RBA to slash rates for the third time as data disappoint – Forex News Preview

Christina Parthenidou, XM Investment Research Desk

The Reserve Bank of Australia (RBA) is setting interest rates on Tuesday at 04:30 GMT and markets expect another rate cut as key metrics continue to miss targets while external risks keep lingering in the background. Yet not all signs point to more easing as there is something Australia is not proud of and other counterparts do not face intensely, and this is called: household debt.

While the Australian upward-moving trade surplus indicates surprisingly that there is not much damage coming from the US-China trade war, the RBA Governor acknowledged last week that further monetary easing may well be required to boost economic growth and address its dual mandate of driving inflation to 2.0% and achieving full employment conditions.

Despite the government reducing taxes for low and middle-income earners and the central bank slashing rates twice by 25bps in June and July, the unemployment rate rose to 5.3% in September. Compared to the August reading of 5.2% such an increase is not much of a difference. Still, in terms of monetary policy, this is well above the 4.5% unemployment rate the RBA wants to achieve in hopes that the subdued wage growth could eventually heat up, pushing the headline inflation to the 2.0% target in the aftermath.

What makes it worse, however, is the outlook for consumption. In the second quarter, the Australian economy printed the slowest expansion of 1.4% y/y since financial crisis, revealing that government expenditures and falling imports rather than household spending are keeping GDP growth in positive territory – something not very sustainable for the Australian economy. Retail sales were more evidence recently, missing forecasts by a large margin to post a negative growth in July.

Without consumer support and business investment plans in a standby thanks to the escalating trade uncertainty and the Brexit turmoil, the RBA has no other option but to ease monetary policy to keep the Australian currency competitive as similar stimulus actions by the Fed and other major central banks could strengthen the aussie.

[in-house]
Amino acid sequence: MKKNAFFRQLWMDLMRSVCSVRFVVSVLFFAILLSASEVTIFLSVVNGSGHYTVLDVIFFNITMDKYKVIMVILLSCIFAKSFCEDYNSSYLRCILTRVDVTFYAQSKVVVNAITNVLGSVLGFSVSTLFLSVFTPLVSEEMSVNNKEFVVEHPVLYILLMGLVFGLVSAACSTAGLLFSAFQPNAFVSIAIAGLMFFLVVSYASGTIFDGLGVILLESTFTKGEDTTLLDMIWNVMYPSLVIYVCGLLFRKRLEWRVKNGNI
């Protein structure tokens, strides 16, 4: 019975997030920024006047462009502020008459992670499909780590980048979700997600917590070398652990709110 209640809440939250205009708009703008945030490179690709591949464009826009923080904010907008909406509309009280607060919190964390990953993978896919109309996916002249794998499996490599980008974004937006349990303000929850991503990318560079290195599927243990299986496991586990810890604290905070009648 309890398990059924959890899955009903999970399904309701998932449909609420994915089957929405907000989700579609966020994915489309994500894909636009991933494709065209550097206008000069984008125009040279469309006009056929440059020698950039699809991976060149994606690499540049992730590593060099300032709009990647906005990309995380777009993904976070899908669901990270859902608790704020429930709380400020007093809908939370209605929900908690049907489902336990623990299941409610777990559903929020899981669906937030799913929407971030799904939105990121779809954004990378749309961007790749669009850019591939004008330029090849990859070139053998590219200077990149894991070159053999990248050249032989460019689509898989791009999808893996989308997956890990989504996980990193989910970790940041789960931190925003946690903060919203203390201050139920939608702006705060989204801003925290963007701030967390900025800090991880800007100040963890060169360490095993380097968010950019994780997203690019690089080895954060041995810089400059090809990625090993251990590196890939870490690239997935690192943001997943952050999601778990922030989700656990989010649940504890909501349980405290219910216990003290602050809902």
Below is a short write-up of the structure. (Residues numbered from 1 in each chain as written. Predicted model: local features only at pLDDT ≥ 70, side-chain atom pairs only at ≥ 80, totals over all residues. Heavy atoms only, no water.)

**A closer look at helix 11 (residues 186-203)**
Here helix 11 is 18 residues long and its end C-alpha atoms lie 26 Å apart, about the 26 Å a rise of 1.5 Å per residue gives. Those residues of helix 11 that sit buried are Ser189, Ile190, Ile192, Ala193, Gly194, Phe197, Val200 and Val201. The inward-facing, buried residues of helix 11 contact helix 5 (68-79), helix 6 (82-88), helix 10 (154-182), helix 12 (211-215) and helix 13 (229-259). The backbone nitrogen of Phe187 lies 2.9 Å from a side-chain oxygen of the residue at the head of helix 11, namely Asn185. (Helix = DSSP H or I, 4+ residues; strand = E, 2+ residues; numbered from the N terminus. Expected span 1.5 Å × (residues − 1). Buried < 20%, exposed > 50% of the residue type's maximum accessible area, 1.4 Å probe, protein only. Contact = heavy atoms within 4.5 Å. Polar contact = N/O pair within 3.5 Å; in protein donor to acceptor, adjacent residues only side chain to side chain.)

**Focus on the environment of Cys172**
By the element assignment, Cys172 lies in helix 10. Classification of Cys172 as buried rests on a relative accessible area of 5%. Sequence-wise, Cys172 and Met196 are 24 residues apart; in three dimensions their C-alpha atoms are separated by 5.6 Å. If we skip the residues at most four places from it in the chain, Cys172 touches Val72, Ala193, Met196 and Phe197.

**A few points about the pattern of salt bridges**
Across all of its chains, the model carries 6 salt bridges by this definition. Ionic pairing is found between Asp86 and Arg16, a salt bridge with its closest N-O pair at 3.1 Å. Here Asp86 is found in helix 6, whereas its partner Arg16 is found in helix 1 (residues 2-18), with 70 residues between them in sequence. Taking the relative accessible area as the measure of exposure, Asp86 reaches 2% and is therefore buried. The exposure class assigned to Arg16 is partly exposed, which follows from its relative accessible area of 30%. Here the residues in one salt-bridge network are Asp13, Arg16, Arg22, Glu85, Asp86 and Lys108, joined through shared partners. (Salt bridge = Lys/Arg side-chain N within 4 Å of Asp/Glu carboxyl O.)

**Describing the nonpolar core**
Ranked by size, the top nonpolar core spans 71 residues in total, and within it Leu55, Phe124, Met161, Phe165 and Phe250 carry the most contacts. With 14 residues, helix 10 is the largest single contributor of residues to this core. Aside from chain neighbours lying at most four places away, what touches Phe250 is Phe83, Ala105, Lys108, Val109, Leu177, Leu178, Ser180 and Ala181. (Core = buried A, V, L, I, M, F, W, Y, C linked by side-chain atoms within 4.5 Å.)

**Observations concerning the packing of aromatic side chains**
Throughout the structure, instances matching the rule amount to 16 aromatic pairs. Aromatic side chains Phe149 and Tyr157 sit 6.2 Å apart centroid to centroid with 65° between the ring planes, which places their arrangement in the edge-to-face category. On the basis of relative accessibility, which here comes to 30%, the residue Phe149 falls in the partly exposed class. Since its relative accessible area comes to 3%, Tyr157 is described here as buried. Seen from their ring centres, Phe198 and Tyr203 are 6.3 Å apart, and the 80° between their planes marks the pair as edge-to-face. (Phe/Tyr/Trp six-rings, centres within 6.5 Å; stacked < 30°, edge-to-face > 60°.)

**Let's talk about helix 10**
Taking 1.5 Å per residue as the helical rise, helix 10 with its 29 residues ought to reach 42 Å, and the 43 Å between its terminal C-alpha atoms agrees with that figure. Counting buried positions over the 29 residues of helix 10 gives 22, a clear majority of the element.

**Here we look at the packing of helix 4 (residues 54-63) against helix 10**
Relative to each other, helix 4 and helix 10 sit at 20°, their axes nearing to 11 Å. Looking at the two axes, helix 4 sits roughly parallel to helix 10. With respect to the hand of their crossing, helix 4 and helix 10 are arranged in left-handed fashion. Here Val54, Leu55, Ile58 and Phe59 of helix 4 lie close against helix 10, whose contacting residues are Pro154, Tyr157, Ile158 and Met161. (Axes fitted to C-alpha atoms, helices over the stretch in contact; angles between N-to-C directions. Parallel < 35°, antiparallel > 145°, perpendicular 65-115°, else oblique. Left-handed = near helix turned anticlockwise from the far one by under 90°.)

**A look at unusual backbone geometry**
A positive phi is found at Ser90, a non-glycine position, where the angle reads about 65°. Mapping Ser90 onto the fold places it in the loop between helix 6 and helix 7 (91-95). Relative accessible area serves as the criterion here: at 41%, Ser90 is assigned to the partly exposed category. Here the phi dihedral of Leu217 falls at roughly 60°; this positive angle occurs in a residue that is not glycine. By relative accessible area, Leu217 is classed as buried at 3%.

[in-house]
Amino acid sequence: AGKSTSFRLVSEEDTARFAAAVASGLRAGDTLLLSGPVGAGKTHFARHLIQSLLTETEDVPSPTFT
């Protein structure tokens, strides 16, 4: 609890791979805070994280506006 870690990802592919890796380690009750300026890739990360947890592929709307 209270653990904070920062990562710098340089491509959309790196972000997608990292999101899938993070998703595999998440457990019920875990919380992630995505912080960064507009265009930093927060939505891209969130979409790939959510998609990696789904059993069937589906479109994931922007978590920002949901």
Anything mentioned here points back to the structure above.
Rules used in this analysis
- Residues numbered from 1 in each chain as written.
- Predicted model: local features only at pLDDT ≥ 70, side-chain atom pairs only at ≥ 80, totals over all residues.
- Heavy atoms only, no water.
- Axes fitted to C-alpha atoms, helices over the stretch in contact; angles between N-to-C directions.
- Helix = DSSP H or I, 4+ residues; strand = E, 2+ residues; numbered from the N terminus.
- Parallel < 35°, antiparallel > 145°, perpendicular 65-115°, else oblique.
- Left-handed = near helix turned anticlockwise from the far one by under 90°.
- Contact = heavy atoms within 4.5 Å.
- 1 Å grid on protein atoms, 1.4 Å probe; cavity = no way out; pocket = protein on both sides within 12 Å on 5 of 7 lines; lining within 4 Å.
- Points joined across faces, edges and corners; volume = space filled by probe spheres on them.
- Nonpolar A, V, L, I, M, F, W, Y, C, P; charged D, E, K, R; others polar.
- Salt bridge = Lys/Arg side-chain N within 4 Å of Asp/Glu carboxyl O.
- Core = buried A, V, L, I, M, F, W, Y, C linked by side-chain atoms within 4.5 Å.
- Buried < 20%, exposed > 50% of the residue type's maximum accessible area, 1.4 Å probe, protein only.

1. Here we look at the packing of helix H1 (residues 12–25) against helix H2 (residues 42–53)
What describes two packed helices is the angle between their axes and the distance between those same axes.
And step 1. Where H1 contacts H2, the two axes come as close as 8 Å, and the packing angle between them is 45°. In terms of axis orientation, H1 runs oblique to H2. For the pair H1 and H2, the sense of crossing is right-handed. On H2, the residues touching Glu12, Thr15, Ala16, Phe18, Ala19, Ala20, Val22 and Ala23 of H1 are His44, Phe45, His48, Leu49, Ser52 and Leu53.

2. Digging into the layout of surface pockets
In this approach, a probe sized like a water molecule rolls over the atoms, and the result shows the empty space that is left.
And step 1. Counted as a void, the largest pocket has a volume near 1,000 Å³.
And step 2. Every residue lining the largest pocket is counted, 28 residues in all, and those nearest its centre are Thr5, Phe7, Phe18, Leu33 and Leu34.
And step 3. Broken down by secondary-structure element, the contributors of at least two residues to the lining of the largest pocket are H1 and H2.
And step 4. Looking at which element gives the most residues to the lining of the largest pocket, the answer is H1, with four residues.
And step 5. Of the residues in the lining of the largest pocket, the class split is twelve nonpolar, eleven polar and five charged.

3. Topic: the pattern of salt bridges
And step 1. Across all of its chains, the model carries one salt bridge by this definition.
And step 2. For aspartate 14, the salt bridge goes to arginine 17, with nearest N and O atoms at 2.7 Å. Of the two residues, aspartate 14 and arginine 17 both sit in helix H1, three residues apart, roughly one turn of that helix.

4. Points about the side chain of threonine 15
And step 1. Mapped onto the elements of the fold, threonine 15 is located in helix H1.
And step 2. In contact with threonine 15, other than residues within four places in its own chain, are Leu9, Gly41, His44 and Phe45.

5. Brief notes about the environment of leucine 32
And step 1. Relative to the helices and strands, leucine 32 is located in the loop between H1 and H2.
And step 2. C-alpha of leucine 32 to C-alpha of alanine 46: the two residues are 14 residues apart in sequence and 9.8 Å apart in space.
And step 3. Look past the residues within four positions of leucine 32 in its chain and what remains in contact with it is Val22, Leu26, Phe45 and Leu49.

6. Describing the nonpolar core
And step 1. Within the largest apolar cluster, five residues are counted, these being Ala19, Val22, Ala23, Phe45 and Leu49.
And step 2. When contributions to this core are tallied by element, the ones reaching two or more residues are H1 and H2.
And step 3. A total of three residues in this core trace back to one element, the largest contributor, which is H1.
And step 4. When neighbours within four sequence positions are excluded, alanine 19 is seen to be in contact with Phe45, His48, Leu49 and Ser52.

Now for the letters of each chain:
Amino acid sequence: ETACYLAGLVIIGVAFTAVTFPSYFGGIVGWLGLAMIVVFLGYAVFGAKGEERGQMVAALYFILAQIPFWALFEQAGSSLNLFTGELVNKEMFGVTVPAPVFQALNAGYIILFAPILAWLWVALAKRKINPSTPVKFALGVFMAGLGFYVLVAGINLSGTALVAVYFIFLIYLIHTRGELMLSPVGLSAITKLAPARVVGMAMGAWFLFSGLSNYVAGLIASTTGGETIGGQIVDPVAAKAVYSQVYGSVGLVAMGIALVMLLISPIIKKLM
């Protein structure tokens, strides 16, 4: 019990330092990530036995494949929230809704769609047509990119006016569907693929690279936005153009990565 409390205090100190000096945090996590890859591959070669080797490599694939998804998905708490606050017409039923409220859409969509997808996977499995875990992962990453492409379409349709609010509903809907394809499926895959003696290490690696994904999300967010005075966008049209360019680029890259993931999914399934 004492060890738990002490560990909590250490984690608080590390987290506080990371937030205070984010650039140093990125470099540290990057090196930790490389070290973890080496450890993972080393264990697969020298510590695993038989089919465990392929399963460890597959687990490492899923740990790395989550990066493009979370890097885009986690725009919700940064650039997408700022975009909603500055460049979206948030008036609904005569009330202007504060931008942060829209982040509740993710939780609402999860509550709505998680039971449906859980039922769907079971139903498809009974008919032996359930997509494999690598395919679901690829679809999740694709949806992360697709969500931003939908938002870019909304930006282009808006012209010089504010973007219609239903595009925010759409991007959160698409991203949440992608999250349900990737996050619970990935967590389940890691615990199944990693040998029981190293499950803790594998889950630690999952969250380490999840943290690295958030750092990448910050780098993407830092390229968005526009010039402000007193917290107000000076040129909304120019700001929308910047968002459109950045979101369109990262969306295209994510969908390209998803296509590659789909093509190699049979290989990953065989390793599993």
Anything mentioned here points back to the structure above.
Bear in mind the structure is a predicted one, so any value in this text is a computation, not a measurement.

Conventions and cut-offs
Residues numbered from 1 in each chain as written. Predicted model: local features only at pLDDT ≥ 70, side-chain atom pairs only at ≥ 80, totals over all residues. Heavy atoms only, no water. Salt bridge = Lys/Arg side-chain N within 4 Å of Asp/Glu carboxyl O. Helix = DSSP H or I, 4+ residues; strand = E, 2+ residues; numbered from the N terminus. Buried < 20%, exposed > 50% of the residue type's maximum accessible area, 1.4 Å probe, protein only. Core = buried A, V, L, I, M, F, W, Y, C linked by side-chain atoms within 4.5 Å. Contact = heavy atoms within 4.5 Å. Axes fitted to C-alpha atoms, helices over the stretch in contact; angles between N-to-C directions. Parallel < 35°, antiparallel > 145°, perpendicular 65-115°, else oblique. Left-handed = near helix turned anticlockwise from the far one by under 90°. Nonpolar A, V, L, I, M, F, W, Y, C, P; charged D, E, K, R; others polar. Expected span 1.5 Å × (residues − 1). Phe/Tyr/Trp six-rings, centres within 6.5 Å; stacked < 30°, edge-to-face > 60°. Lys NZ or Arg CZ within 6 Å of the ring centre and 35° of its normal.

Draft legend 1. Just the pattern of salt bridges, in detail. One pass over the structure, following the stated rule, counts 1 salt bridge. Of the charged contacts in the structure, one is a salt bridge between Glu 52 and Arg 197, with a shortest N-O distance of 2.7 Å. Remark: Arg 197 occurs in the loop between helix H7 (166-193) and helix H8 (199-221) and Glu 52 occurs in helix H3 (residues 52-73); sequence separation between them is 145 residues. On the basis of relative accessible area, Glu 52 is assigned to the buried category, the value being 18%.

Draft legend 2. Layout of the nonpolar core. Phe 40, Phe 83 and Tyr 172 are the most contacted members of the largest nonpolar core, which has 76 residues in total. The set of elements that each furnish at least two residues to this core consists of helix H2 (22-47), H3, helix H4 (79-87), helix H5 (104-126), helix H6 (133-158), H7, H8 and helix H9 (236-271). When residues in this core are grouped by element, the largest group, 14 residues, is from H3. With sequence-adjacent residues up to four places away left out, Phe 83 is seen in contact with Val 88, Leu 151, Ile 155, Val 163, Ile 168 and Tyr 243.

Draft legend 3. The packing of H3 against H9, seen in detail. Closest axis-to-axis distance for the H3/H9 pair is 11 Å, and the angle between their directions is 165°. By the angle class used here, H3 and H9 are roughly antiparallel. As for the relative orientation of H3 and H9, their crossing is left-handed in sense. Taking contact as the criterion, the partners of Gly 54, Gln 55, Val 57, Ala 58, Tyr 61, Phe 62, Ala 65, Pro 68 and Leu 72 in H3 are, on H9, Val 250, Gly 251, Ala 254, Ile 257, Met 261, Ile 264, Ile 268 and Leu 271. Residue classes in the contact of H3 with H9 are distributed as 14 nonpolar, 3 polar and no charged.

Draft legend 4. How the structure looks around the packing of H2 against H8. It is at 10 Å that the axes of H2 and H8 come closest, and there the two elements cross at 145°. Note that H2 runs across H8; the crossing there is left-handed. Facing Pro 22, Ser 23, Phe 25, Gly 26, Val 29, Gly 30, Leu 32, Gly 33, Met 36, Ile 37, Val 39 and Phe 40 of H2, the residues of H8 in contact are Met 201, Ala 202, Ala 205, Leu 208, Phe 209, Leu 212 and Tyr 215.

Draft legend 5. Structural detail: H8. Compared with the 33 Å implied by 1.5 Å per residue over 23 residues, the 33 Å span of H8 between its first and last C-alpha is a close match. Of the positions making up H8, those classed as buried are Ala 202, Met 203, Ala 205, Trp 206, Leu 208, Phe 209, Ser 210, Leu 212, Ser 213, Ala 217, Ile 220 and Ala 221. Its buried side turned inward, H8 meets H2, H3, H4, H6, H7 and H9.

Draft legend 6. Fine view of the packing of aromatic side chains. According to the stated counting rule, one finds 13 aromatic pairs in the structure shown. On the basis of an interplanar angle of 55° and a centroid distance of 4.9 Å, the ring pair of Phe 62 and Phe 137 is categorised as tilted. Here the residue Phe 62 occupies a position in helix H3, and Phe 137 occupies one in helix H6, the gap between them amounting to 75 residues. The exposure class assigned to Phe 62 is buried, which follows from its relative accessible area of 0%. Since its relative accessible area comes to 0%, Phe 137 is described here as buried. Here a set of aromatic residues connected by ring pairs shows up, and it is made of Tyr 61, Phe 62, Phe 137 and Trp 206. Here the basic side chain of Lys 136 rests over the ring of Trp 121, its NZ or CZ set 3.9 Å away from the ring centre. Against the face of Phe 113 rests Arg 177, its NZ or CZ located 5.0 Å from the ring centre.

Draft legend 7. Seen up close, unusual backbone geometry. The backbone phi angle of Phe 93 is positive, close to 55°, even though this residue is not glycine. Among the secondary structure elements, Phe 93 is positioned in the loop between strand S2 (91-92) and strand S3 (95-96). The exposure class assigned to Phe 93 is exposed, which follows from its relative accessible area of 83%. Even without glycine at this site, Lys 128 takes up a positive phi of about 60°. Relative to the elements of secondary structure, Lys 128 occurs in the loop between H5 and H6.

Policymakers are expected to make the next move this Tuesday and cut interest rates to 0.75% but this is not the end of the story as Philip Lowe left the door open for further easing in the year ahead.

Markets are currently seeing a fourth rate cut coming between November and December as a coin toss, something that could prove reasonable if upcoming data arrive worse-than-expected and political conflicts escalate.

Indeed, a more accommodative monetary policy could theoretically save Australia from sharper downfalls in case its main trade partner China and generally the global economy faces more downside pressure. Uncomfortably though, lower borrowing costs could increase demand for credit at a time when household debt is already mounting and wage growth is gradually rising, while house prices could also heat up. Even if there are no red flags around the matter yet, the central bank should be closely watching the effects of its actions on household debt and the housing market.

As regards FX markets, the Australian dollar continues to feed the more than 1½-year old downtrend with the US dollar. A more dovish rate statement and more cautious remarks by the RBA Governor on Tuesday could see a retest of the 0.6745-0.6700 support area this week, a break of which could further strengthen negative momentum.

Alternatively, a milder tone could leave the pair within the 2-month old range, with resistance initially coming between 0.6780 and 0.6800 and then higher within the 0.6830-0.6860 region.